A few days ago I wrote an article that suggested that commercial real estate has a longer market cycle than the average business cycle of US stocks. My argument was simply based on the fact that a majority of research has demonstrated that real estate business cycles are over three times longer than stock prices.
Part of the longer cycle in real estate has to do with supply and demand. Stock prices follow business cycles that trace changes in general economic activity, so production schedules are short-term. However, real estate cycles are more dependent on construction since that's the way supply is created.
When the Great Recession ended in March 2009 construction was at a virtual standstill and there was an abundance of over-built space. As the economy started to thaw, financing started to crawl out of the woodwork while vacant storefronts, offices, and hotels started leasing up.
Typically, it takes four years for a real estate project to be completed - that is from site plan to rent check. In contrast, other businesses can adjust their production schedules in a matter of weeks or months. So although construction remained muted, the fundamentals started to improve as evidenced by the growing occupancies in most every asset category.
It's important to recognize that rising interest rates will further bolster the real estate recovery while strengthening underlying operating earnings. As pointed out in the previously referenced article:
...when macroeconomic conditions strengthen, demand for commercial property generally increases. As macroeconomic growth increases occupancy rates and rent growth go up.
Bottom Line: The shares in companies that own real estate become more valuable… real estate doesn't lose value just because macroeconomic demand conditions soften. Therefore, the most important driver of real estate values - and therefore of the real estate market cycle - is the state of commercial property construction activities.
Dividends Speak Louder Than Words
One of the most persuasive tests of corporate strength is rising dividends. As many of you know, I'm a big fan of consistency - or REITs that have an uninterrupted record of paying and increasing dividends. However, the Great Recession brought an end to the once predictable dividend records of many well known REITs, such as Simon Properties (NYSE:SPG), Kimco Realty (NYSE:KIM), and Ventas (NYSE:VTR).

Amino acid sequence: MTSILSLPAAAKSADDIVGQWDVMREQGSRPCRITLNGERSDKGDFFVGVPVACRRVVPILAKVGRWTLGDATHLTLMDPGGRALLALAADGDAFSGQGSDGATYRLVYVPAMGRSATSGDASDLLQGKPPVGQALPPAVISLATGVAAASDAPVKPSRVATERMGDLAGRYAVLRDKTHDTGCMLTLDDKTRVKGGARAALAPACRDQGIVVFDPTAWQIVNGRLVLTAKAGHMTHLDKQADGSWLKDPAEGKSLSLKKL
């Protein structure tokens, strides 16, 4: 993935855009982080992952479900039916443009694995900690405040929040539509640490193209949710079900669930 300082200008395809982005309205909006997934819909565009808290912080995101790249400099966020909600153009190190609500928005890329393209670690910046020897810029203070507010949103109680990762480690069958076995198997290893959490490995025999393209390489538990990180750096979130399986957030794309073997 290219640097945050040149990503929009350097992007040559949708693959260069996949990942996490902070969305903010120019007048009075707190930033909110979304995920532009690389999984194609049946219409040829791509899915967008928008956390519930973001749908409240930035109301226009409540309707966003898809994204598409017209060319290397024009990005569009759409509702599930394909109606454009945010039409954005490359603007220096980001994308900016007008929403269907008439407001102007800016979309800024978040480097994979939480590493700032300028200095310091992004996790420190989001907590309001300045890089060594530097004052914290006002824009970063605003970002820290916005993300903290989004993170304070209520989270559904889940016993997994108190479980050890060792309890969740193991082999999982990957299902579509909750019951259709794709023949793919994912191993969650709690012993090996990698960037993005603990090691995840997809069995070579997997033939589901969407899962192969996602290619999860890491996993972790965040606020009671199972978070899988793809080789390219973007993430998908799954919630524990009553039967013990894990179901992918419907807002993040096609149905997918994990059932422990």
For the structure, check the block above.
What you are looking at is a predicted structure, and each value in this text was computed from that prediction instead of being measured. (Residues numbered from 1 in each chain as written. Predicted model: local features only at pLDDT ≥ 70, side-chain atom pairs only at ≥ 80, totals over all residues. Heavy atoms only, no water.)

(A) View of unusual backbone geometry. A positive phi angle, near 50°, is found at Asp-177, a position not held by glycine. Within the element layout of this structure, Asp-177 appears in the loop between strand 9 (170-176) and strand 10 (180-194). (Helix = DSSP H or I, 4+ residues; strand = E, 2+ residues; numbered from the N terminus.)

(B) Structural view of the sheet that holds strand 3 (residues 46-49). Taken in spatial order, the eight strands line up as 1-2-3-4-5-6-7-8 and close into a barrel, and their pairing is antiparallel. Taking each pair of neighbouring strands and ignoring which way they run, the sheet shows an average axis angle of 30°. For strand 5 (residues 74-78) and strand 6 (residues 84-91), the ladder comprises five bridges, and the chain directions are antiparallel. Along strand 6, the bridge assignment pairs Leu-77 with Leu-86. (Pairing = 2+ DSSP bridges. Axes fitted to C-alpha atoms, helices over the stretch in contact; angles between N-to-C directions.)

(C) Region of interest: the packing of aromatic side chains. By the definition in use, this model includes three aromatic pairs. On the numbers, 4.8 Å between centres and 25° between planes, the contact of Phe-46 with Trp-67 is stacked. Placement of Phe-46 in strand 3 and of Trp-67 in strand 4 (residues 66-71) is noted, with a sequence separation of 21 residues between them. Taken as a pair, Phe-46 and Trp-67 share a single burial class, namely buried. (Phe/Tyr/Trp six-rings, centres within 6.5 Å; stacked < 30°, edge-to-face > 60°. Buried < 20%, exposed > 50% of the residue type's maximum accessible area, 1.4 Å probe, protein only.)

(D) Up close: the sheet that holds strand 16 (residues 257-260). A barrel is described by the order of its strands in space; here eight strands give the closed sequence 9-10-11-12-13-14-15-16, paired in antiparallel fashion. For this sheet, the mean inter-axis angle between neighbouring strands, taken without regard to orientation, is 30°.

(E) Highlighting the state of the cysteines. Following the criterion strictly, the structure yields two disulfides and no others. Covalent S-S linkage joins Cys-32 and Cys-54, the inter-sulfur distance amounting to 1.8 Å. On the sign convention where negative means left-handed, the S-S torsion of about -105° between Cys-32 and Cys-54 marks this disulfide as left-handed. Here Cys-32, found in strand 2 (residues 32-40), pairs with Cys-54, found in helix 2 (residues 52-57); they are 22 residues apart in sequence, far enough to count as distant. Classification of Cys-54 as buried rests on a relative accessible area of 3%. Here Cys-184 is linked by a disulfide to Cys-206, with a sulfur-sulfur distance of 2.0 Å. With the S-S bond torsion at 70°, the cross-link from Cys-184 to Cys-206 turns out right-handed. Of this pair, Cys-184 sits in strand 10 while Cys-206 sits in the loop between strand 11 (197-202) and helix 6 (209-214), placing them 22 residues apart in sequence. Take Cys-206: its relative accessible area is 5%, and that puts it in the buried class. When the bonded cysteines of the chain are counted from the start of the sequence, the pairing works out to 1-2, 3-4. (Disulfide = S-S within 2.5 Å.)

I have since purchased shares in Kimco and Ventas and a number of other REITs that failed to deliver during one of the darkest economic events in my lifetime. Not that I'm taking dividend cuts (or in the case of Ventas, one year that the company didn't increase) lightly; however, I buy into the fact that the US real estate market is improving and the more recent earnings patterns have given me encouragement.
I tell people, almost daily, the most important metric for me, when it comes to REIT investing, is dividend safety. After all, the dependability of dividends is a big reason that investors should consider buying stock in the first place.
When you examine the two ways of getting paid to invest - capital gains and dividends - it's natural that dividends have special appeal. Why? Because a stock's capital gains (share price appreciation) are influenced significantly by what the market does in a given year.
But remember, don't just chase yield until you've fully analyzed the safety of the dividend - the ability for the dividend to grow, and the overall merit of the subject security. As Josh Peters, author of The Ultimate Dividend Playbook wrote:
Dividends are more than mere information; they provide insight that any investor can use to make successful investments.
The REITs Paying At Least 5% And Raising Them By At Least 5%
Using SNL Financial's database, I have sorted a list of all US equity REITs that are currently paying out dividend a dividend yield of 5% or greater:
Now, I have sorted the same list (paying at least 5%) of REITs and ranked them in order of dividend growth, with a minimum growth rate (13-14) of 5%:
I have BUY recommendations on six of these REITS: Digital Realty (NYSE:DLR) - latest article HERE, Omega Healthcare Investors (NYSE:OHI) - latest article HERE, American Realty Capital Properties (ARCP) - latest article HERE, WP Carey (NYSE:WPC) - latest article HERE, Lexington Realty Trust (NYSE:LXP) - latest article HERE, and Physicians Realty (NYSE:DOC) - latest article HERE.
For Target BUY prices, check out my newsletter HERE.
Other REITs mentioned: (NYSE:CBL), (NASDAQ:SBRA), (NYSE:CXW), (NYSE:ADC), (NYSE:MPW), (NYSE:GEO), (NYSE:CORR), (OTC:FREVS), (NYSE:AHH), (NYSE:OLP), (NYSEMKT:IRT), (NYSE:RESI), (NYSE:SIR), (NYSEMKT:APTS), and (NYSEMKT:BRG).
Sources: SNL Financial.
Disclaimer: This article is intended to provide information to interested parties. As I have no knowledge of individual investor circumstances, goals, and/or portfolio concentration or diversification, readers are expected to complete their own due diligence before purchasing any stocks mentioned or recommended.
Disclosure: The author is long O, DLR, VTR, HTA, STAG, CSG, GPT, ARCP, ROIC, HCN, OHI, LXP, KIM, WPC, DOC, UDF, EXR, MYCC.
The author wrote this article themselves, and it expresses their own opinions. The author is not receiving compensation for it (other than from Seeking Alpha). The author has no business relationship with any company whose stock is mentioned in this article.